How bugs kill bugs: progress and challenges in bacteriocin research location:Nottingham date:16-18 July 2012
The LlpA protein from Pseudomonas putida represents the prototype of a new family of antimicrobial agents with bacteriocin-like properties. Members are found in gamma- and beta-Proteobacteria, including plant and human pathogens, and mediate strain-specific intra-genus killing across species borders but without the need for a cognate immunity protein.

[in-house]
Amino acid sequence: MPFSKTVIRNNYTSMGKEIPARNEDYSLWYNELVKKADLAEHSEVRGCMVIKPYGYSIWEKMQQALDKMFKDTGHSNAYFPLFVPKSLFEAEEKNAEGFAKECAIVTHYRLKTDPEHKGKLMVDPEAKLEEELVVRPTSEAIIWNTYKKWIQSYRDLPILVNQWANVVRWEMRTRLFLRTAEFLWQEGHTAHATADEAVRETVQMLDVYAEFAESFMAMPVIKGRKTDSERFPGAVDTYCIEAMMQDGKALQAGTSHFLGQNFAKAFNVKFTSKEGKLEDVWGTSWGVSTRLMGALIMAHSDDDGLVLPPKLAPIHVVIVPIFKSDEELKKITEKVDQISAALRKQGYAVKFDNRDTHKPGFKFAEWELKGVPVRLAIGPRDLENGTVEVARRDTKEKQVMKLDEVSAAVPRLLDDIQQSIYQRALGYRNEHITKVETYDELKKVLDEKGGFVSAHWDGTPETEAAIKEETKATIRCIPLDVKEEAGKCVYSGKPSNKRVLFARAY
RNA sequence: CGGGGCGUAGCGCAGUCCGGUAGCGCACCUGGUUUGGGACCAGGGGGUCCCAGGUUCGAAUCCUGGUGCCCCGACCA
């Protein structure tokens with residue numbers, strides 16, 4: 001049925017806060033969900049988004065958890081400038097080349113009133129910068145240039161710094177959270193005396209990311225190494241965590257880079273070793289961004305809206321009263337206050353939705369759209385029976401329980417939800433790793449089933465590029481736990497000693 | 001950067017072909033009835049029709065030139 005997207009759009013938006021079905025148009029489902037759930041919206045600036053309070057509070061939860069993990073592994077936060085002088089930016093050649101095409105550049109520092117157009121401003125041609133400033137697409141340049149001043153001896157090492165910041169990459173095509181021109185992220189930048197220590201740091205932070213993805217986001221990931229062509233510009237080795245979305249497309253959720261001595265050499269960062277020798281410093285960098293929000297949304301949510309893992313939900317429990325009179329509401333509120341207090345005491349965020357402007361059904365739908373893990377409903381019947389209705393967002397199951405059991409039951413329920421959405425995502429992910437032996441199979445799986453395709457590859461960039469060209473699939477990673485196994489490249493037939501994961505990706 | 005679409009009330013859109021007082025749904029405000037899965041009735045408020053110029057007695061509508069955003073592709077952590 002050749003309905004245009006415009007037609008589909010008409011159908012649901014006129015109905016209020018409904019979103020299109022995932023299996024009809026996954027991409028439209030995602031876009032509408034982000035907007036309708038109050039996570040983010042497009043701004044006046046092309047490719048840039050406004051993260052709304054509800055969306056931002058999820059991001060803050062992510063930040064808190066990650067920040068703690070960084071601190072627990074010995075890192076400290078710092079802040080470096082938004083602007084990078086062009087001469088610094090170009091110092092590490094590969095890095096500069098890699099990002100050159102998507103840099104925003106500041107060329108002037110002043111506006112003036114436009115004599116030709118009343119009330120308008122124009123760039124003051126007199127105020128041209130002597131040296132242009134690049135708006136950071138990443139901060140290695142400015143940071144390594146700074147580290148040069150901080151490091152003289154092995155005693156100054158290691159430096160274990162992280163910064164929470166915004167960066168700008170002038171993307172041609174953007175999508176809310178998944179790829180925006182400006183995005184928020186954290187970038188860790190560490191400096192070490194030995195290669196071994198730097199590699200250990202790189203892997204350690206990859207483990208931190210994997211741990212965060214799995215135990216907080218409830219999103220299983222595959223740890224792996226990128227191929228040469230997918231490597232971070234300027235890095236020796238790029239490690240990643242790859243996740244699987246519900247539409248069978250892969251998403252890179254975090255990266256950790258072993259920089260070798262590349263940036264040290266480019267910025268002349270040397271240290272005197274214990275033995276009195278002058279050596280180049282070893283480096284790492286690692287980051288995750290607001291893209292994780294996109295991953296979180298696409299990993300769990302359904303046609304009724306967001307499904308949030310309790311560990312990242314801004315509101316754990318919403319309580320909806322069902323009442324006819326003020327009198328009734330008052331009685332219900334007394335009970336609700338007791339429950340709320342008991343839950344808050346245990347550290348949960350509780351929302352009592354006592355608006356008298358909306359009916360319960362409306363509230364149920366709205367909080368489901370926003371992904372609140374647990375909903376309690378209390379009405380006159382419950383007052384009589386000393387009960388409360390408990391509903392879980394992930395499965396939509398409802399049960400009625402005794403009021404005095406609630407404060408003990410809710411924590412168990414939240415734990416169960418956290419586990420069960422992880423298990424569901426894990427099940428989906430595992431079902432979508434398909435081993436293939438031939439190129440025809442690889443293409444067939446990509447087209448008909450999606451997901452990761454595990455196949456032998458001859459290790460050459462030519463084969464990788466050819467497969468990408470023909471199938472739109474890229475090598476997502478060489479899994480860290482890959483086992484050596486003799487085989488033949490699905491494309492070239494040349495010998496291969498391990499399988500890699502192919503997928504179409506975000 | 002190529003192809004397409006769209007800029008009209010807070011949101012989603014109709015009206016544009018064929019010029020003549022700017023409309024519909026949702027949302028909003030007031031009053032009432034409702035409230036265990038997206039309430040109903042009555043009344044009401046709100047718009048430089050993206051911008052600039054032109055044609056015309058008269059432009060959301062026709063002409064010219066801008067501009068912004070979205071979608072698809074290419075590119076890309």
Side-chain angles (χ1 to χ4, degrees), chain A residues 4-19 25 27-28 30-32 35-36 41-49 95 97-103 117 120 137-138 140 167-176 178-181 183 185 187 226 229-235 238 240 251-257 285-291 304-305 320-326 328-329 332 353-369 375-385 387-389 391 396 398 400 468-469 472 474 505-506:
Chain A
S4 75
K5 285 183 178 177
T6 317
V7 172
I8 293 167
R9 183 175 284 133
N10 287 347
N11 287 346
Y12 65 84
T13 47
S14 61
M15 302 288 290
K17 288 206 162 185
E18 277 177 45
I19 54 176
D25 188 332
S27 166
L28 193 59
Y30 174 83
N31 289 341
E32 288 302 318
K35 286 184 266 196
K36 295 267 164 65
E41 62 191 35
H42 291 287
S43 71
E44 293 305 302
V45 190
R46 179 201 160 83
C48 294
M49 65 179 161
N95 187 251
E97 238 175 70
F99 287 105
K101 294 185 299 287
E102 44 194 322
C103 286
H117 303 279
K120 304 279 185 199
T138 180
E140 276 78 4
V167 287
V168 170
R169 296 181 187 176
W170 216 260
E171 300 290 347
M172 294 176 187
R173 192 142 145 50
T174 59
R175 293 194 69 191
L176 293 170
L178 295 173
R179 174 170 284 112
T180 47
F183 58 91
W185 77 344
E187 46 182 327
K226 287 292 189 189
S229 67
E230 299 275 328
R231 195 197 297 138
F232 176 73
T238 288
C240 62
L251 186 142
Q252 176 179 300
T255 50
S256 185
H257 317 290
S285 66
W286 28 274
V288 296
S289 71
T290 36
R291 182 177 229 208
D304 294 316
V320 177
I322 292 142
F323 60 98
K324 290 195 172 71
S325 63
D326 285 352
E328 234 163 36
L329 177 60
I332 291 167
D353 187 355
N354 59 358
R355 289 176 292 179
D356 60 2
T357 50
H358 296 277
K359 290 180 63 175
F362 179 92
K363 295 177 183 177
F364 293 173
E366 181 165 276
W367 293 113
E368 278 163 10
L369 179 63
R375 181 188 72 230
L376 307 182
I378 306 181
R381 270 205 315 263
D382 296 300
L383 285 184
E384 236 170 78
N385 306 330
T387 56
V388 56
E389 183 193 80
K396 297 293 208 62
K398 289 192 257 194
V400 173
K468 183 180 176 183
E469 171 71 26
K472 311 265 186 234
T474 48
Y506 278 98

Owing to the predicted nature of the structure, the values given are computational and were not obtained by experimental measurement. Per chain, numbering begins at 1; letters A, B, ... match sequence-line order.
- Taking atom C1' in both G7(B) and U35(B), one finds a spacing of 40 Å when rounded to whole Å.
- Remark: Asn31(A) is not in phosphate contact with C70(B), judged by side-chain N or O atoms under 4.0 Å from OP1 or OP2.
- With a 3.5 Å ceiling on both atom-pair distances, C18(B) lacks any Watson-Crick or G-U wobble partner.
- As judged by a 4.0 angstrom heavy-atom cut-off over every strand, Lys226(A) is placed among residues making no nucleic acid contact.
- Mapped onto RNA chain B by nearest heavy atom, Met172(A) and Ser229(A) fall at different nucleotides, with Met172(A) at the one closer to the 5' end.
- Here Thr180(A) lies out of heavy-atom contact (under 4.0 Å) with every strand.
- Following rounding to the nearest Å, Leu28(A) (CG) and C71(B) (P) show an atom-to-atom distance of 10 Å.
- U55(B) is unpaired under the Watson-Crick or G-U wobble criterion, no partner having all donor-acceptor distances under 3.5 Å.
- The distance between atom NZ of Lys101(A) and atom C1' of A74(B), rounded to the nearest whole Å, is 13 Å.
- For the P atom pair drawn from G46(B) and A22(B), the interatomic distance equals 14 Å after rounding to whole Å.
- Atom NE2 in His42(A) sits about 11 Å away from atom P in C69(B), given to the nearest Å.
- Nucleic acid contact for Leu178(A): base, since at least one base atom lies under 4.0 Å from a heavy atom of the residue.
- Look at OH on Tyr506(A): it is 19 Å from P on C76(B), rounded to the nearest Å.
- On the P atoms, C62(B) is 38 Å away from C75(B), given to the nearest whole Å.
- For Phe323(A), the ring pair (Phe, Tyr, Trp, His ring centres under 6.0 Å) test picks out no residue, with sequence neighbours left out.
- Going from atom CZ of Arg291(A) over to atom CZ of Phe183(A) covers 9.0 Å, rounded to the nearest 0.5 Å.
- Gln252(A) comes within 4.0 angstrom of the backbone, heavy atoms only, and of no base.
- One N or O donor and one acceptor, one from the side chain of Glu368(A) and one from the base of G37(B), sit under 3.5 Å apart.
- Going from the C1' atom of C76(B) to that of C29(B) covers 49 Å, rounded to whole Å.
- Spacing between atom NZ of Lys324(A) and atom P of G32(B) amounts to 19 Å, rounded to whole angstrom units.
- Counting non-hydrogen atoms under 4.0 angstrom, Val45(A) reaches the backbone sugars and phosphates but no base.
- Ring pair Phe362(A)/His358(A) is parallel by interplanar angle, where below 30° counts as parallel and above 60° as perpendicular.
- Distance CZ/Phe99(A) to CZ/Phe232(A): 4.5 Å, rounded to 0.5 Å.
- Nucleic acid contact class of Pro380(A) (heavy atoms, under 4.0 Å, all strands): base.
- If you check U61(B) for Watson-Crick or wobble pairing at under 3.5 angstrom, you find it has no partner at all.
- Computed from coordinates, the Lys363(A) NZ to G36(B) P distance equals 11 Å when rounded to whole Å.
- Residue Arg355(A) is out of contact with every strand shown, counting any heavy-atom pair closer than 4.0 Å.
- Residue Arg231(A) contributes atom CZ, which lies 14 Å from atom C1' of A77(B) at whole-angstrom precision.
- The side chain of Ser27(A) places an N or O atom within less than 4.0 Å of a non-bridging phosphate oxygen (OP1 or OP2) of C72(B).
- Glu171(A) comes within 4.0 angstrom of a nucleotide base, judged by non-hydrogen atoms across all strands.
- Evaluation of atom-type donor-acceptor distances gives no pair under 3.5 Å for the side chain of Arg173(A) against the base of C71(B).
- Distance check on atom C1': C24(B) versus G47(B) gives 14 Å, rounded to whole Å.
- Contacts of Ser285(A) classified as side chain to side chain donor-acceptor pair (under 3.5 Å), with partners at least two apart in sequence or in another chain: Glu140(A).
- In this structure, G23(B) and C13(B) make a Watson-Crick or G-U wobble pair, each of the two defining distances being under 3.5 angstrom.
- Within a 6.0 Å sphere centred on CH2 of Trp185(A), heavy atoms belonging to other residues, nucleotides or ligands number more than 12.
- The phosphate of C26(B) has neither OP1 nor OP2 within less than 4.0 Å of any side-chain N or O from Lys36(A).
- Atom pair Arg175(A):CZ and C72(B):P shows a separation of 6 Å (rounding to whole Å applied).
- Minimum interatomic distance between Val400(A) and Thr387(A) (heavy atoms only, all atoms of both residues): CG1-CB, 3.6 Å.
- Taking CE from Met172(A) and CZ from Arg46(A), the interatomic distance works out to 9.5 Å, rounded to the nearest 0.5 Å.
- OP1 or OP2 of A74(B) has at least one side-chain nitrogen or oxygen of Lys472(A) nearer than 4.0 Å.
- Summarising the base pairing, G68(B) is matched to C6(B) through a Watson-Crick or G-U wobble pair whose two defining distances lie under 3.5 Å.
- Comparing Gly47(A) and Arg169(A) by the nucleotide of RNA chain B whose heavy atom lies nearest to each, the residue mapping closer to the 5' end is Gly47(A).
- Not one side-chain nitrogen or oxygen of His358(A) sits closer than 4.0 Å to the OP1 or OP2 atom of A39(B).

On the way to elucidate its mode of action, the 3D-structure of LlpA was determined, enabling the identification of structural determinants that contribute to activity and specificity. LlpA is built from two tightly interacting β-prism-folded MMBL domains stabilized by a β-hairpin. The MMBL (monocot mannose-binding lectin) domain is commonly found in eukaryotic lectins, being particularly widespread among plants but also recently identified in several fish and fungal species. Each MMBL domain in LlpA contains three putative mannose-binding motifs, exhibiting different levels of sequence degeneracy. Of the six sites, only three retain a potential carbohydrate-binding architecture. Soaking of crystals with different sugars demonstrated the binding of methyl-D-α-mannopyranoside and oligomannosides to only one of these sites in the carboxyterminal domain. Binding of methylmannose to LlpA with millimolar affinity was confirmed by isothermal titration calorimetry. LlpA mutant proteins with a sterically occluded binding site displayed reduced bacteriocin activity. Differential activity of engineered P. putida/P. fluorescens LlpA chimers revealed that target specificity is mainly determined by the aminoterminal domain. The latter is structurally more divergent from the plant lectin domains compared to the sugar-binding carboxyterminal domain.